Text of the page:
We are in a period of economic change. The Global Financial Crisis of 2008, was the clearest of indicators of the failure of neoliberal economics. Mounting private debt and an unregulated financial sector in the USA led to a truly global financial collapse. Governments, in leading nations worldwide, have subsequently failed to heed the warnings and reform their economies. Instead they have continued with neoliberalism and austerity.
John Maynard Keynes recognised that when the economy has excess capacity, it is a necessary for the government to inflate the economy through public spending. Currently we have excess demand for health, social care, education and training. By increasing spending, we can fulfil more of this demand, and improve the quality of our education system. This is a necessary and valuable investment in our education system.
Increasing public spending, making taxation progressive (fairer), regulating the financial sector and controlling the movement of capital will reduce the level of wealth and income inequality in the UK.
While the Labour Party has not published its General Election manifesto yet, this has been the essence of the economic policy put forward by Jeremy Corbyn and John McDonnell since they assumed the leadership of the Labour Party in September 2015. It is for this reason, they have been vilified by mainstream media and establishment. This proposal for wealth redistribution is an attack on the 1 per cent, the same people who have controlling interest in the media and in establishment institutions. It is little wonder that Corbyn has been subject to ferocious attacks in the media.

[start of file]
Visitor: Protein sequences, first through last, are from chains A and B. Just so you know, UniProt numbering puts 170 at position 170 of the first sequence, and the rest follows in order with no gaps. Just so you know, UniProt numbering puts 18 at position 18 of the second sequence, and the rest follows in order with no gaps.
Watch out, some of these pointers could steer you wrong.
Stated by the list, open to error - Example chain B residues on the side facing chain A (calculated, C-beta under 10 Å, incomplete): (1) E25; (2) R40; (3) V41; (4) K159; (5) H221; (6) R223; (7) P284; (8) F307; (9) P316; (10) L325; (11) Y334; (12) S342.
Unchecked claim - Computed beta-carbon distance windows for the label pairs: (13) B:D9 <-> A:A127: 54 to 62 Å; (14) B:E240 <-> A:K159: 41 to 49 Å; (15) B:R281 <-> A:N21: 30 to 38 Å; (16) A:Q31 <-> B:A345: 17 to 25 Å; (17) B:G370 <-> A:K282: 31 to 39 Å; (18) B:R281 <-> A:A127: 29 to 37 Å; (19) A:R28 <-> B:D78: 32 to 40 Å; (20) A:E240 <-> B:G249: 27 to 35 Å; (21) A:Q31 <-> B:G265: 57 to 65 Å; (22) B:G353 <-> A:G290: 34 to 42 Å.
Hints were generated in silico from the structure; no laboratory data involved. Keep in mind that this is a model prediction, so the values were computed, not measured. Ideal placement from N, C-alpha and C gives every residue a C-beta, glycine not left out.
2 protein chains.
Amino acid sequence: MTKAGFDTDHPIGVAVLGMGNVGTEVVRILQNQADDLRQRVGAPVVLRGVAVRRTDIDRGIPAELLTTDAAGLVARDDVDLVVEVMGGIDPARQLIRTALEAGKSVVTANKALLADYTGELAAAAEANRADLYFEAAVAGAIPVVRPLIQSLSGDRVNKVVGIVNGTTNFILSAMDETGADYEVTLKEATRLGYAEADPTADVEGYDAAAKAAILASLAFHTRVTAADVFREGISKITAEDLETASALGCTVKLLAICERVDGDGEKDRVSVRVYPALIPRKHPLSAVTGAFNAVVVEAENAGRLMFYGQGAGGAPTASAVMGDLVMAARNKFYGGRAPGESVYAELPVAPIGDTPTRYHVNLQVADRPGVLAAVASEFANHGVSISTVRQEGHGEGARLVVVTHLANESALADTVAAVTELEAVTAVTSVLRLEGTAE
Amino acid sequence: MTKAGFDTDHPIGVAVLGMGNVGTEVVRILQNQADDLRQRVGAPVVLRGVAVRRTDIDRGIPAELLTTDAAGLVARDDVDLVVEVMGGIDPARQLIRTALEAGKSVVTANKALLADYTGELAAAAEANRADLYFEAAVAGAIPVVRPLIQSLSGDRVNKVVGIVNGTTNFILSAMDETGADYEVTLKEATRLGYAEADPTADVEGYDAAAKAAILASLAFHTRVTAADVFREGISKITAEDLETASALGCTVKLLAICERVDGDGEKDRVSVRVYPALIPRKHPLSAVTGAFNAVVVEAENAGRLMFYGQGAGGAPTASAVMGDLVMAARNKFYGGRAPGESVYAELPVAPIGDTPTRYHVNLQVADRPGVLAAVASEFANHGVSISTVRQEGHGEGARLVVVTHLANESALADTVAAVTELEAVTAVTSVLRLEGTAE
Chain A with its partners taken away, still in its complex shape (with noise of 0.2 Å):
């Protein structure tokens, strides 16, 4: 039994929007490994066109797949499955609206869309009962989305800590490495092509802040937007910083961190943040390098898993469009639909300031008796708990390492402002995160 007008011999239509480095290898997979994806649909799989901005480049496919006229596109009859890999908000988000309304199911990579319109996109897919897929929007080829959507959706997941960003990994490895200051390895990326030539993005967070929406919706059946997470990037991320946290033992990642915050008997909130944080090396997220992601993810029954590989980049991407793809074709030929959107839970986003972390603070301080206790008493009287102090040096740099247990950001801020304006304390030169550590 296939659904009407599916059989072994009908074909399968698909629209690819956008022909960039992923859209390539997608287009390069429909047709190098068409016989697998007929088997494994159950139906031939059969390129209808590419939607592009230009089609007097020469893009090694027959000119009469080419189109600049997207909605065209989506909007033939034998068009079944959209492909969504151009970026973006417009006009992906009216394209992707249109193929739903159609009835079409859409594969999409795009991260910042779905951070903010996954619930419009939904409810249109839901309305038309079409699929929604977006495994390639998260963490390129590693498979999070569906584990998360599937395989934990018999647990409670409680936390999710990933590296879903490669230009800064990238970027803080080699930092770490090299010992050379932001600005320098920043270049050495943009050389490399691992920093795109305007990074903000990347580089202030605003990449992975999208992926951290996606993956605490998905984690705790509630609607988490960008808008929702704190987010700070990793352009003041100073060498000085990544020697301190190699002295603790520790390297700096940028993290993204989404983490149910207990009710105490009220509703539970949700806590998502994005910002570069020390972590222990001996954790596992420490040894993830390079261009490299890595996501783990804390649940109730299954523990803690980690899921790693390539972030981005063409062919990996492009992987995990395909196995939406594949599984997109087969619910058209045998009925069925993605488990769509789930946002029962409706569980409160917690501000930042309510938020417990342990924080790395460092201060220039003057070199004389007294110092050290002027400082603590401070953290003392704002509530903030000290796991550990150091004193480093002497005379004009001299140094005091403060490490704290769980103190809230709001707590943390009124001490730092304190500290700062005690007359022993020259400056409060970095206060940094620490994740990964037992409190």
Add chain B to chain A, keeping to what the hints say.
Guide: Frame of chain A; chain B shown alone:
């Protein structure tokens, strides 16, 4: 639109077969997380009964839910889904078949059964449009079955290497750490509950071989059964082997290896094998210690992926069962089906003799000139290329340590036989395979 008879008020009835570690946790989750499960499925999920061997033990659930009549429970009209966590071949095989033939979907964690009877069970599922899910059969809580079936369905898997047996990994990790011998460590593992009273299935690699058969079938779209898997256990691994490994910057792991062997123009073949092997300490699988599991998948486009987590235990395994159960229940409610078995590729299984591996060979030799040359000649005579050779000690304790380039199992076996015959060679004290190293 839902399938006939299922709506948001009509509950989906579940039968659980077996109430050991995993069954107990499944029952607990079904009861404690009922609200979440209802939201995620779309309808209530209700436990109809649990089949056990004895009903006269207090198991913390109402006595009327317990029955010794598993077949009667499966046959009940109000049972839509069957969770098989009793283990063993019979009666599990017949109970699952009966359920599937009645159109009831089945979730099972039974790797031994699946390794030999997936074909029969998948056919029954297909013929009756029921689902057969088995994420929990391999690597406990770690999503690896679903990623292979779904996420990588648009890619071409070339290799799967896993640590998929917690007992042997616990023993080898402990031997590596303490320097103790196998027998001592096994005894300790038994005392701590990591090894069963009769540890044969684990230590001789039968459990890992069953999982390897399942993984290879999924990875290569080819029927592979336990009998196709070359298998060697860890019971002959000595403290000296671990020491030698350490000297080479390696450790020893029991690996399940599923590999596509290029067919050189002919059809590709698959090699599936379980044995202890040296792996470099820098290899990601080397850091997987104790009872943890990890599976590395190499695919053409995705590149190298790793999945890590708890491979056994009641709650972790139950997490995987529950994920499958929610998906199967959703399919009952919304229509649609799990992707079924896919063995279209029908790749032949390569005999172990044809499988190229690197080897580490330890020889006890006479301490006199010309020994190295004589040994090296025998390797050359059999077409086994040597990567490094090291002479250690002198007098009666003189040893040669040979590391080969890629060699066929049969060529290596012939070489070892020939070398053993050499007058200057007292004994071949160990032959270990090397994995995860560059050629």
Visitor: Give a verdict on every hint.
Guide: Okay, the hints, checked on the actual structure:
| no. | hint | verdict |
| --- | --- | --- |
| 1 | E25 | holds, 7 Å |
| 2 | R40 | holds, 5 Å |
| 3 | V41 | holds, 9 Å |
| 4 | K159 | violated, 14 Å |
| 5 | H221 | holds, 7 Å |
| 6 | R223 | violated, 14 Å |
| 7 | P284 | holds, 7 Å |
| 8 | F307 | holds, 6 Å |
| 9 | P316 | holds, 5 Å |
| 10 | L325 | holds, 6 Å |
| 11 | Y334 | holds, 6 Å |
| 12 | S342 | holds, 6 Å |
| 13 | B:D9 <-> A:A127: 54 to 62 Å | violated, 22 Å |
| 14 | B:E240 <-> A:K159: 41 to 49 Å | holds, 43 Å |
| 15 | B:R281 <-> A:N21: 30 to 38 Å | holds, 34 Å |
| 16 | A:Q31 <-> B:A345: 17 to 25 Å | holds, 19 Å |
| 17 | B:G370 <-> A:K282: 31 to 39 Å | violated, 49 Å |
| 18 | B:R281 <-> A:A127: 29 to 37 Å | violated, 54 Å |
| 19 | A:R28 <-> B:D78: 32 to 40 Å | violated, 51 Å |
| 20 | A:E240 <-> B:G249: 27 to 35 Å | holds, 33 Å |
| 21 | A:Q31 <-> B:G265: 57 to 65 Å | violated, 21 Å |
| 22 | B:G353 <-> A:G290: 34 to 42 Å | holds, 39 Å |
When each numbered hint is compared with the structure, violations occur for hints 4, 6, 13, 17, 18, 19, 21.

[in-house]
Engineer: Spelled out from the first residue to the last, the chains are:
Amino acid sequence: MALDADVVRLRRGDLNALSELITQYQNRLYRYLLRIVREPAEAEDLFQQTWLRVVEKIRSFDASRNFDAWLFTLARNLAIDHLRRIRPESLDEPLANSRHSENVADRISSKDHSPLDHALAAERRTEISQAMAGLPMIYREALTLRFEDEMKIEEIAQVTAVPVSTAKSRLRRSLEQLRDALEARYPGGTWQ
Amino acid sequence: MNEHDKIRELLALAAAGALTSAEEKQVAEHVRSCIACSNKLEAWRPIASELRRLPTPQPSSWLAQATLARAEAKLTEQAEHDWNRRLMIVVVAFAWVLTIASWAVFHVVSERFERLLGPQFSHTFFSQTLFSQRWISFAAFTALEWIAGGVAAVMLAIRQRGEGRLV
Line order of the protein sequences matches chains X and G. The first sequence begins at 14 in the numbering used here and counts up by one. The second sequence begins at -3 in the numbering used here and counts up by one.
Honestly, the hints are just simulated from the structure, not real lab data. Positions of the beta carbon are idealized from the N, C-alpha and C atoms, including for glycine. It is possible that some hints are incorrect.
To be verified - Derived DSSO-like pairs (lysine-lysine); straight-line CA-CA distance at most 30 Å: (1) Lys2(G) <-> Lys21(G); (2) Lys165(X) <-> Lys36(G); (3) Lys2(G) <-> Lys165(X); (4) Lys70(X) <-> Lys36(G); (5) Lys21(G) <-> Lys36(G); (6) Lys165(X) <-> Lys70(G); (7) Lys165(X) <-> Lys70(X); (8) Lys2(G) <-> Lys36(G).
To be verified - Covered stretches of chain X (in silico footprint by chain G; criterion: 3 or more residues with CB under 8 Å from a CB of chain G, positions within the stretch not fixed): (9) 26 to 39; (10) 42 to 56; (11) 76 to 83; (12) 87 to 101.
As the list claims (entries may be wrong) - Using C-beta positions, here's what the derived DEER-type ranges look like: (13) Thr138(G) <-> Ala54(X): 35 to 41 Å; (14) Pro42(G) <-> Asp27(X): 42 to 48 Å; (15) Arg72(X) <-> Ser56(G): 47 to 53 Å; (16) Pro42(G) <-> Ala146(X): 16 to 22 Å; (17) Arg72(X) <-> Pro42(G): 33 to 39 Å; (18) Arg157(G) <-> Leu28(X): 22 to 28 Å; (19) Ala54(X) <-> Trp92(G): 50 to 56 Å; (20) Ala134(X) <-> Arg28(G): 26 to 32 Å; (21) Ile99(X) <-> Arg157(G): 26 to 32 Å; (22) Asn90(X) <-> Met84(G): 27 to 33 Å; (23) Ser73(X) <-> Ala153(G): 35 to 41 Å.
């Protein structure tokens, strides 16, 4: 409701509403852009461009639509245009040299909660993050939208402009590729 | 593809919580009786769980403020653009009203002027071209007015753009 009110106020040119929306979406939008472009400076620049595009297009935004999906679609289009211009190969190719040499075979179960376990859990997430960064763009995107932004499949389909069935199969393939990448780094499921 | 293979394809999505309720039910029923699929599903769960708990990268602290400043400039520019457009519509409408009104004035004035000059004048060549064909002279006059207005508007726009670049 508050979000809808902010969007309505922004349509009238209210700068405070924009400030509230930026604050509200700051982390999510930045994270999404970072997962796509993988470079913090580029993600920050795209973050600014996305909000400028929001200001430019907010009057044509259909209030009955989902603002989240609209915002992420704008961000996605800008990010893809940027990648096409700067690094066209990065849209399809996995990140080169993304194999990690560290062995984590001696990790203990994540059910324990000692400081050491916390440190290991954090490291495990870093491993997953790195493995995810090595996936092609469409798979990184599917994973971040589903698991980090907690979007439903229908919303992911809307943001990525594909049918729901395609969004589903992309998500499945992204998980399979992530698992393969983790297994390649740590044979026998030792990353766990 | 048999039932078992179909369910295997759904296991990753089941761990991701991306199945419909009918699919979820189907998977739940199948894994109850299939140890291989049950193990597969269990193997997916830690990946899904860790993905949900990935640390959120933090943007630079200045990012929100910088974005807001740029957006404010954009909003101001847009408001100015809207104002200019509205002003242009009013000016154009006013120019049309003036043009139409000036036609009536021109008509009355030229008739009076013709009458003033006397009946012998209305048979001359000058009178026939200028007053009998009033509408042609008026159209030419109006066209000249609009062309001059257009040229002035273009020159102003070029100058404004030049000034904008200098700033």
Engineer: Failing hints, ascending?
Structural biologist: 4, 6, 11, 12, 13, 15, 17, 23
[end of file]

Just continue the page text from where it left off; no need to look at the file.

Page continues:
Labour’s education manifesto: the National Education Service
There have been several policy announcements. The most important, and the most overarching policy proposal is the National Education Service. This is analogous to the National Health Service, a cradle-to-grave national service which provides education for all and free at the point of use. This provision is from early years right through to higher education. This provides a complete and complementary collaborative service for the provision of education.
It will not be a fragmented system of providers competing for resources or competing to educate pupils and students who require least investment. The National Education Service restores collaboration. It would put knowledge, skills and experience at the heart of its mission. This is because, under a different economic model, organisations would not be preoccupied with narrowly defined outcomes as they are in the current neoliberal system.